Wet’suwet’en hereditary chiefs say Premier John Horgan wasn’t truthful when he said the province had no control over the RCMP before Mounties enforced an injunction against pipeline opponents in northern British Columbia last month.
The chiefs have jointly released a letter with the B.C. Civil Liberties Association and the Union of B.C. Indian Chiefs that they say was sent by Solicitor General Mike Farnworth to RCMP Deputy Commissioner Jennifer Strachan on Jan. 27.
“To be clear, no elected official in British Columbia directs police operations,” said Farnworth in a statement.
The Ministry of Public Safety says the RCMP has the ability to request additional resources for temporary situations, which it did following the B.C. Supreme Court’s granting of the injunciton.
It said it is the minister’s responsibility to ensure police have adequate resources, but that it is up to the RCMP to decide whether, when and how enforcement takes place.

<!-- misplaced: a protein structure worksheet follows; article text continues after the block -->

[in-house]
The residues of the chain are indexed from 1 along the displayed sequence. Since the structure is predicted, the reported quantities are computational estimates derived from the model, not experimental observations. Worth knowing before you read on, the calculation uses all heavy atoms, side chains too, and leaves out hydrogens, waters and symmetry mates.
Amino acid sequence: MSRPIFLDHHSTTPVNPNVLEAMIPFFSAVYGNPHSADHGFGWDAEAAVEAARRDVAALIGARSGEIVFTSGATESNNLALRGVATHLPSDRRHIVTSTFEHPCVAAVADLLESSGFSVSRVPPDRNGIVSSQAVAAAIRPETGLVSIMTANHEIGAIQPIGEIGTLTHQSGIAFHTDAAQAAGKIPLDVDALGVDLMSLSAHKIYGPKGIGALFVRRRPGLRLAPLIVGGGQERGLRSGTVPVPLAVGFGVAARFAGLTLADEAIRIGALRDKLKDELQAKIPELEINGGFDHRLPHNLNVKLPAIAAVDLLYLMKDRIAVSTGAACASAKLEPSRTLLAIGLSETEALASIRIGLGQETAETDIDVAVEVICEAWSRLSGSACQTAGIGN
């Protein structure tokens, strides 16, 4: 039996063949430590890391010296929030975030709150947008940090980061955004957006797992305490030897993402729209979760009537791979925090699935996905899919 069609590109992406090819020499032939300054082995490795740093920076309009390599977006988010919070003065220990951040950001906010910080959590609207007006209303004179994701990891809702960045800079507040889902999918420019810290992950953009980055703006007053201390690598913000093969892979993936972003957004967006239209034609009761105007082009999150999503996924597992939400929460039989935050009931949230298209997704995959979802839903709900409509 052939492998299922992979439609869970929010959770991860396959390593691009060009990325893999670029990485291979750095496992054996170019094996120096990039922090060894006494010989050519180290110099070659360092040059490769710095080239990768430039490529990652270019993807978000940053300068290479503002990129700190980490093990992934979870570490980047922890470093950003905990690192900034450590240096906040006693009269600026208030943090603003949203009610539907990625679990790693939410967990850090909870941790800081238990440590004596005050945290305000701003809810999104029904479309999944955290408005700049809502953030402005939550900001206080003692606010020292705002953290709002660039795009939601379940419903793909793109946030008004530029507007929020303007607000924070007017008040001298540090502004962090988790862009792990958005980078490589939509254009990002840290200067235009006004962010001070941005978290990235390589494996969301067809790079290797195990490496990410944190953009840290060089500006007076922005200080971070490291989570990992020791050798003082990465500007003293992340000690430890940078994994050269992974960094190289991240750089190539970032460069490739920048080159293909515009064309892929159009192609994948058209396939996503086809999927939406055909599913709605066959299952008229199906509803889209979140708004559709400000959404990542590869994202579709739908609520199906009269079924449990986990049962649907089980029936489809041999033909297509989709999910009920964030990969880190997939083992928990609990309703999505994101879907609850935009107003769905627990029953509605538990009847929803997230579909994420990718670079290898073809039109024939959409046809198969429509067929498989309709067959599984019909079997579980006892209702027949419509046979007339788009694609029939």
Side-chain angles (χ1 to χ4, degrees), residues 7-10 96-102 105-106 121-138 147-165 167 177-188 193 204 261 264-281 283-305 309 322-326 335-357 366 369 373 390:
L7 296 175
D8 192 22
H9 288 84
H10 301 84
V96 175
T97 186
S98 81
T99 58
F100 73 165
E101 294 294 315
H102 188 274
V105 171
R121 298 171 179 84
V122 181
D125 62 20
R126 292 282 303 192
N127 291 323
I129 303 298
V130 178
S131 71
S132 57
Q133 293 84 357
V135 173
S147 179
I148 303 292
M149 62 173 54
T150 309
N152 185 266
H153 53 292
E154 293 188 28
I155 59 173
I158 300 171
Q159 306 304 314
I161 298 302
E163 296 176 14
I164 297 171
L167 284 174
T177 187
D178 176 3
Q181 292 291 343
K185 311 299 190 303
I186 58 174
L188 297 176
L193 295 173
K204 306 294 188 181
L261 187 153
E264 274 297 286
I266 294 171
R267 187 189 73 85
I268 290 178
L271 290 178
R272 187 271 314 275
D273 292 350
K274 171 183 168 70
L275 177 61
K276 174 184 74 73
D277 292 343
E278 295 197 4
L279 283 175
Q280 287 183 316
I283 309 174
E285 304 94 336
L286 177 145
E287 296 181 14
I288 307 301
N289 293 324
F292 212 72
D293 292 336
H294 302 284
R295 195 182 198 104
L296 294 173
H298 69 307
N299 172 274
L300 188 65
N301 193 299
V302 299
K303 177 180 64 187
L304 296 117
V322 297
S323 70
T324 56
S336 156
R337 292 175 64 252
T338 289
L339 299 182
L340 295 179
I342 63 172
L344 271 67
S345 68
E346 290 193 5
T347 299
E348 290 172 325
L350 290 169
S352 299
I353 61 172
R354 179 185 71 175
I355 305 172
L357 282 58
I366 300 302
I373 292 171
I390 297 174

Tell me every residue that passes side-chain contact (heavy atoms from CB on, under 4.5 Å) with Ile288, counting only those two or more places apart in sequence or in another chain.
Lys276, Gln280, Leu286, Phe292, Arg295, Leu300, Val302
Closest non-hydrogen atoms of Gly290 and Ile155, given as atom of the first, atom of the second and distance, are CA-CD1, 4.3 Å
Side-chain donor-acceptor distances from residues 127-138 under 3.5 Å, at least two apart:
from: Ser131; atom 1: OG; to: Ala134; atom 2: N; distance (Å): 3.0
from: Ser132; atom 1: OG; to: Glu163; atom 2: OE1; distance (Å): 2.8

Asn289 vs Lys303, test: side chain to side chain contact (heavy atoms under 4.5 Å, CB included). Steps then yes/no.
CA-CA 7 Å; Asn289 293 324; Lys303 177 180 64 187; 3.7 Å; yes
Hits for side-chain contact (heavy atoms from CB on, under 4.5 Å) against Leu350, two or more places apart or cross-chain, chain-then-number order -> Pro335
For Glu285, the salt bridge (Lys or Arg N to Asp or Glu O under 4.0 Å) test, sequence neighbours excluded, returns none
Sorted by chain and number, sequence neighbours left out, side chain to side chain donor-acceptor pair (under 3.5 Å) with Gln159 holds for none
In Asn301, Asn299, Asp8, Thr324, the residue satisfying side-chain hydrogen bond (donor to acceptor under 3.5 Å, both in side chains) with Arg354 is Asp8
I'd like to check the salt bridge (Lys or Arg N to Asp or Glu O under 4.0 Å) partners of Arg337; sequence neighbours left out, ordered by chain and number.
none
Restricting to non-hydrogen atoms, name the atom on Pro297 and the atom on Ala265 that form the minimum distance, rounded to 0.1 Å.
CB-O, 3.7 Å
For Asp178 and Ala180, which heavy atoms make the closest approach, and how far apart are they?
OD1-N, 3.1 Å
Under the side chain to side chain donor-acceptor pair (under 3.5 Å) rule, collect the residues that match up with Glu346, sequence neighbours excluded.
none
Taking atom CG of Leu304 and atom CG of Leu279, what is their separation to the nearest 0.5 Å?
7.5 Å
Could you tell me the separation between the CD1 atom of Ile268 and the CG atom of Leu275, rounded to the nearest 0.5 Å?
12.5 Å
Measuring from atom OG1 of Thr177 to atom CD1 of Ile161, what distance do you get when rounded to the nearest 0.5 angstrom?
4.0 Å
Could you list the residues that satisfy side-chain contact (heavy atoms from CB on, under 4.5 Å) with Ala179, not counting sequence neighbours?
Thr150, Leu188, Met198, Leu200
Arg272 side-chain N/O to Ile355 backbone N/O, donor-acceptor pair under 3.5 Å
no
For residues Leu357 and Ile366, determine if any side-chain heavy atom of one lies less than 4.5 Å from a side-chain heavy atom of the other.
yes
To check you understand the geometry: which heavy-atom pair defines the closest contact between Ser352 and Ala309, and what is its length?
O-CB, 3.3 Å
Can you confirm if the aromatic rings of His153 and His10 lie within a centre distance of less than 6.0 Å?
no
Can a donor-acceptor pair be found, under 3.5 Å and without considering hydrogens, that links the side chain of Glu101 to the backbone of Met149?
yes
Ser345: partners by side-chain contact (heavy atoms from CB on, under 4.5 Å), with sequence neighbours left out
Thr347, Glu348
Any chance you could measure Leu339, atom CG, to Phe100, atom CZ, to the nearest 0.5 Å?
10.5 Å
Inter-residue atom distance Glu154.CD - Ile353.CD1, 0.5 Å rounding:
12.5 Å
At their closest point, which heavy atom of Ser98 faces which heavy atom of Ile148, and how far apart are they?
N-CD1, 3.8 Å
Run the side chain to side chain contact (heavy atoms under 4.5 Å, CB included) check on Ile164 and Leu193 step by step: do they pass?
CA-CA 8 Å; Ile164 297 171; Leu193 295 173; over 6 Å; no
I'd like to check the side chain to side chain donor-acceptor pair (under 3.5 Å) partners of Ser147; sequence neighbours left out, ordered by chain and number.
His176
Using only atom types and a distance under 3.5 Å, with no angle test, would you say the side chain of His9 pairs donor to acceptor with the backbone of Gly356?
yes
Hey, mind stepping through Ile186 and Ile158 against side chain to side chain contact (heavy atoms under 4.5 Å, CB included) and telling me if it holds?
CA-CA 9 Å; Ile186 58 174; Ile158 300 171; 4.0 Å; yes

The RCMP and a spokesperson for Horgan could not immediately be reached for comment.
WATCH: (Feb. 20, 2020) B.C. watchdog on RCMP operations in Wet’suwet’en territory
In the letter, Farnworth declared a “provincial emergency” under the Provincial Police Service Agreement and authorized the internal redeployment of resources within the provincial police service.
Ten days later, the RCMP began enforcing an injunction granted by the B.C. Supreme Court to Coastal GasLink, which is building a natural gas pipeline across northern B.C., on Feb. 6 and ultimately arrested 28 people on Wet’suwet’en traditional territory.
In a statement, the chiefs point to comments by Horgan to the media before and after the letter was sent claiming government does not direct the RCMP.
-With files from Global News